Ramova Theatre

Ramova Theare, which has been out of business since 1985. (Photo/Lauren Yard)

The Economic Downturn and Potential of Bridgeport

By Alheli Garcia, Stephen Ruiz and Lauren Yard

Posted: Friday, May 12, 2017

Bridgeport, a community of nearly 32,000 people located on the South Side, is known for its blue- and white-collar workmanship and diverse community that started nearly 200 years ago.

Neighborhoods in Bridgeport historically thrived mainly on local businesses including restaurants, convenience stores and department stores.

Some areas of the once-thriving community is now primarily filled with vacant storefronts due to a deteriorating economy, which has caused local property values to decrease significantly.

“Businesses were better back then when the stores weren’t vacant here,” said Elaine Sakellariou, owner of George’s Restaurant located down the street from Guaranteed Rate Field. “All the kids in the neighborhood had a job back then and would start working at 14 years old. The storefronts were full; if you needed shoes or a dress for a party, there were stores to go to.”

Read more: The changing face of Bridgeport

Sakellariou, like many Bridgeport residents, said she feels a sense of nostalgia longing for the days when residents occupied the streets of Bridgeport, and there was an abundance of economic prosperity in the neighborhood. Over the last 20 years, the economic stability of the Bridgeport community, once prominent, now fails to live up to its former glory.

According to an analysis of a three-block stretch of Halsted Street from 34th to 36th streets, 16 of 56 storefronts stood empty as of April 2017. These vacant storefront addresses were cross-referenced with previous business licenses registered with the addresses through the City of Chicago Data portal, and eight of the 16 storefronts have been vacant for more than 10 years.

“There is more supply than there is demand,” said Cook County Deputy Assessor of Communications Tom Shaer. “That is going to reduce the rental prices that occupied buildings can charge, therefore their income goes down.”

As rental income goes down, the profit margins for business property owners decreases and ultimately inhibits the growth of the local economy. While some businesses have survived the economic downturn, they still face some discouraging side effects.

Shaer also explained that potential negative effects of the crashing local business economy on taxpayers is alleviated in part by the economic growth and development within Cook County as a whole. Bridgeport is a small subsection of a larger County that is doing very well overall.

As a result residential and commercial property owners in  Bridgeport will not have taxes that are significantly increased because of the extreme changes in Market values of unoccupied businesses. For the most part it is the market values alone that decrease.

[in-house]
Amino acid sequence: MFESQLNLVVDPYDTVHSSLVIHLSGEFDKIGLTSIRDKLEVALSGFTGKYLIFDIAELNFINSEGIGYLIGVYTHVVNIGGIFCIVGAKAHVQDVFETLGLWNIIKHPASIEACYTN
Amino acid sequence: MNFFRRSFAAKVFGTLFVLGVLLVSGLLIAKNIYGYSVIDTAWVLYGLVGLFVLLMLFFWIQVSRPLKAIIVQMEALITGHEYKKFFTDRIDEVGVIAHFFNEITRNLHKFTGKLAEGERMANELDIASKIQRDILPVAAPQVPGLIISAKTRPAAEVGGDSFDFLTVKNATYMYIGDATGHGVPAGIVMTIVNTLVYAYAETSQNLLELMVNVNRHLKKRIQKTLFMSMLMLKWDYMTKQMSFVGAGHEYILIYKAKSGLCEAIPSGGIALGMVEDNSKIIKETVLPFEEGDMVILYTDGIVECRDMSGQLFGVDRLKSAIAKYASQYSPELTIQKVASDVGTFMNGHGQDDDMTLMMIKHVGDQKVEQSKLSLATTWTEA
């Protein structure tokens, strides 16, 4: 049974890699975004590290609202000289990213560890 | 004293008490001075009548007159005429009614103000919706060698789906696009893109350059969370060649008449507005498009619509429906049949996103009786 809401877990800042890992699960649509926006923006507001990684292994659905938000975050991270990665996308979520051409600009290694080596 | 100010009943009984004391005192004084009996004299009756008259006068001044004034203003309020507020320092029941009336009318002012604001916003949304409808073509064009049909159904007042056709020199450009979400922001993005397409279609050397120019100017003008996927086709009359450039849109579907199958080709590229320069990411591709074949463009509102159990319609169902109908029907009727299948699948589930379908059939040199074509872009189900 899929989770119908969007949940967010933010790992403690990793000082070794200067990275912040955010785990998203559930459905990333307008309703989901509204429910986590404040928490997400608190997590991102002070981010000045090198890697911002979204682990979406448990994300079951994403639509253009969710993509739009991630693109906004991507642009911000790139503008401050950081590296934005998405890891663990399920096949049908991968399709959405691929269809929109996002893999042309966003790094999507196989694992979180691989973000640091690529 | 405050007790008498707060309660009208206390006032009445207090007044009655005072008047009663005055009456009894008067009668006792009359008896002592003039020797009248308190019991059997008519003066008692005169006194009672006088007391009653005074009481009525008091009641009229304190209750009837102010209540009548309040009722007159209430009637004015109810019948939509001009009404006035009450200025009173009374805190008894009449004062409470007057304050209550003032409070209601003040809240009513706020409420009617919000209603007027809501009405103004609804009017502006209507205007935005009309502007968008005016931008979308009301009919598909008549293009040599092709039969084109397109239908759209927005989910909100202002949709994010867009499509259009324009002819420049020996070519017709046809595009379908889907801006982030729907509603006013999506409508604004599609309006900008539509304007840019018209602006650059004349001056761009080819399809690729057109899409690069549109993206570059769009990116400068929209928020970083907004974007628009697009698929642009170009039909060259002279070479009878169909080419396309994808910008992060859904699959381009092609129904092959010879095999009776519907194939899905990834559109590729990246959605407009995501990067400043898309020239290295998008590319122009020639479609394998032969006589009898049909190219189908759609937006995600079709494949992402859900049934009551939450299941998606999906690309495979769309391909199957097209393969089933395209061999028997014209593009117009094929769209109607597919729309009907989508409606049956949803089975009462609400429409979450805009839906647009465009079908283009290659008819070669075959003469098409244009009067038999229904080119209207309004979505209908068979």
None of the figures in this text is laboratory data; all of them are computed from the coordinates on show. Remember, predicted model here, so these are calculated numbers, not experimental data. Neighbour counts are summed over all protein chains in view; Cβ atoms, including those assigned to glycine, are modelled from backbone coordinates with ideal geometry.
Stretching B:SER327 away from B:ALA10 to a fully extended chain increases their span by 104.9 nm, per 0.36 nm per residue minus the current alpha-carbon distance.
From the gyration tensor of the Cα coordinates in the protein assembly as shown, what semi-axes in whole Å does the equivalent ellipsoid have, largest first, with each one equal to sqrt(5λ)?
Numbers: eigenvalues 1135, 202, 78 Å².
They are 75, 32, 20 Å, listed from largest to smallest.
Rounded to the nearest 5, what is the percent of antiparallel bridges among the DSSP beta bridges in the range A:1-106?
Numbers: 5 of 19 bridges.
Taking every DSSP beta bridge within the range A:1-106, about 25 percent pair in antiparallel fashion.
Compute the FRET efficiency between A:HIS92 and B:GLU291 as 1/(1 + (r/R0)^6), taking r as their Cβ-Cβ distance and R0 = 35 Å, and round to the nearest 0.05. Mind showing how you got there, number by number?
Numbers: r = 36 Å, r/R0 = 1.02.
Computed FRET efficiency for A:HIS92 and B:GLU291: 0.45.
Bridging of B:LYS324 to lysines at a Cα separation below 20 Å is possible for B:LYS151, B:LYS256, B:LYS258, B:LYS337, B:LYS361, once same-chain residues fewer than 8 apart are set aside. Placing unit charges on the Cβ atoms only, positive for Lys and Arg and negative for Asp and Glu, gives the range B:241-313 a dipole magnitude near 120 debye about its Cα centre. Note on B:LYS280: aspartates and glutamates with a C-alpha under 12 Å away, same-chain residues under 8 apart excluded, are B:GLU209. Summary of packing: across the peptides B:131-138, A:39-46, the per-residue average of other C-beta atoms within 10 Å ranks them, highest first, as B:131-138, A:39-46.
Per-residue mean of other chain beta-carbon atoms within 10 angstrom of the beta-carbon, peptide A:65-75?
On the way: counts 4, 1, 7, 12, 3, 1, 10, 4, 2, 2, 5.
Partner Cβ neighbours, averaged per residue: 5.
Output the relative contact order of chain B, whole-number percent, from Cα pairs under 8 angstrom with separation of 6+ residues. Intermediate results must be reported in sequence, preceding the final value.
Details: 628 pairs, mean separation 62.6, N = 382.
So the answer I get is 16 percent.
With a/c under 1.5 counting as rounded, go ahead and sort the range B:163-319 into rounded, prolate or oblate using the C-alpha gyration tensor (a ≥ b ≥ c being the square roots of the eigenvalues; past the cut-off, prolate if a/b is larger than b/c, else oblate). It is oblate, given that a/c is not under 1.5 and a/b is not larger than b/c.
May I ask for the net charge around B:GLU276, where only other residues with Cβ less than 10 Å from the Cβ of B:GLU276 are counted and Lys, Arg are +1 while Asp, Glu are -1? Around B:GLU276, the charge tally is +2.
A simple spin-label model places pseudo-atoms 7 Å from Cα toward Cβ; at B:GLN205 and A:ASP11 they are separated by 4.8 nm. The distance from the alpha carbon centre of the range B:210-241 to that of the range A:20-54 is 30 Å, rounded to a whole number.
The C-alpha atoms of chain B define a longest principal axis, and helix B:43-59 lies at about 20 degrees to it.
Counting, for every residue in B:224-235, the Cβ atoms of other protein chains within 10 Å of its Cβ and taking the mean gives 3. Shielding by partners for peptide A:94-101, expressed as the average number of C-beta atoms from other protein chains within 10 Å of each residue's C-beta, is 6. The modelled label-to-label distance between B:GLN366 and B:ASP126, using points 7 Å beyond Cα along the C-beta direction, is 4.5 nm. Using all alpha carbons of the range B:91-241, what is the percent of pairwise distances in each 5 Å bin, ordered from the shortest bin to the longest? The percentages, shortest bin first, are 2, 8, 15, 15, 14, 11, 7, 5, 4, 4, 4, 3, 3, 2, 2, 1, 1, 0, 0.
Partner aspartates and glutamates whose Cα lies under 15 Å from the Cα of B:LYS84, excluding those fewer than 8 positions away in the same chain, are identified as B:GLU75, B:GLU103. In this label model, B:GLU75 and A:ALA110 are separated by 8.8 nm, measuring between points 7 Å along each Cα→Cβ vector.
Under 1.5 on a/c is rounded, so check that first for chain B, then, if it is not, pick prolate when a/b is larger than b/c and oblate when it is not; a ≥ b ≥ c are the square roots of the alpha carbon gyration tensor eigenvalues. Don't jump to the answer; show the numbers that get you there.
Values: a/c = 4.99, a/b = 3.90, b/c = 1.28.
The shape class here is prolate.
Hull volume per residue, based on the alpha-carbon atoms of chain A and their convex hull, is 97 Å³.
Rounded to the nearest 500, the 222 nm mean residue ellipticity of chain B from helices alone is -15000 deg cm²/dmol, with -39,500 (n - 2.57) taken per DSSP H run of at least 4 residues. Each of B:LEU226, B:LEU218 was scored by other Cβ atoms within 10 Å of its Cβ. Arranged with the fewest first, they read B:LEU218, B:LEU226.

Sakellariou said she believes the main reason that so many stores are vacant is partially due to the significant drop in local business. There is now a lack of variety in the types of stores.The lack of economic movement in the area due to the vacant businesses has affected the entire neighborhood.

Sakellariou said that the vacant storefronts on South Halsted have directly affected her business.

“There were thousands of jobs in the neighborhood, factories like Wrigley Gum, Joslin, Speagles and the workers from those factories would come here for lunch,” she said. “The traffic through here during lunch and dinner time kept businesses open. But things have changed- people aren’t even as sociable as they used to be. Everyone used to know each other around here. The vacant storefronts have really caused an effect on our businesses in this area.”

The financial downturn in Bridgeport is also due in part to the lack of parking availability and deteriorating infrastructure. According to Keri Lee and Warren Wu, employees of Outlet Kingdom, located at 3451 S. Halsted St.

“The issue we are having is our customers being issued tickets while they shop here because of the lack of parking spaces available," Wu said. "The potholes in the area are bad too, there are a few parking spaces behind the store but customers are wary to park back there with the potholes and ticketing that is warranted. A lot of our customers live in the area and just walk over. I think because of this, people are afraid to open new stores around here- Even the Athletico across the street has moved.”

Despite the number of economic issues in this community, the affordable cost of living in this neighborhood is attracting many millennials, including students and new families, officials say.

If Sakellariou’s theory is correct and variety will bring in more business, then gentrification will increase the neighborhood’s businesses. This means that with renovation and gentrification of the neighborhood, Bridgeport could thrive again. As people relocate, invest in the neighborhood and buy inexpensive property they can offer more variety in what kinds of businesses are available.

However, the cost could end up being some of the deep cultural roots that have been planted over the past 200 years may start to lose their hold. The sense of community in this area is going to continue to change.

Lara Ruiz, a long-time employee of George’s Restaurant, hopes the future to be a little brighter in Bridgeport

\“Looking forward, we hope to attract more businesses [in Bridgeport]," she said. "We hope to get more parking and more word-of-mouth to bring in more traffic and fill the vacant lots.”

Return to The Red Line Project

Feedback: Contact the reporter via Twitter or leave a comment below.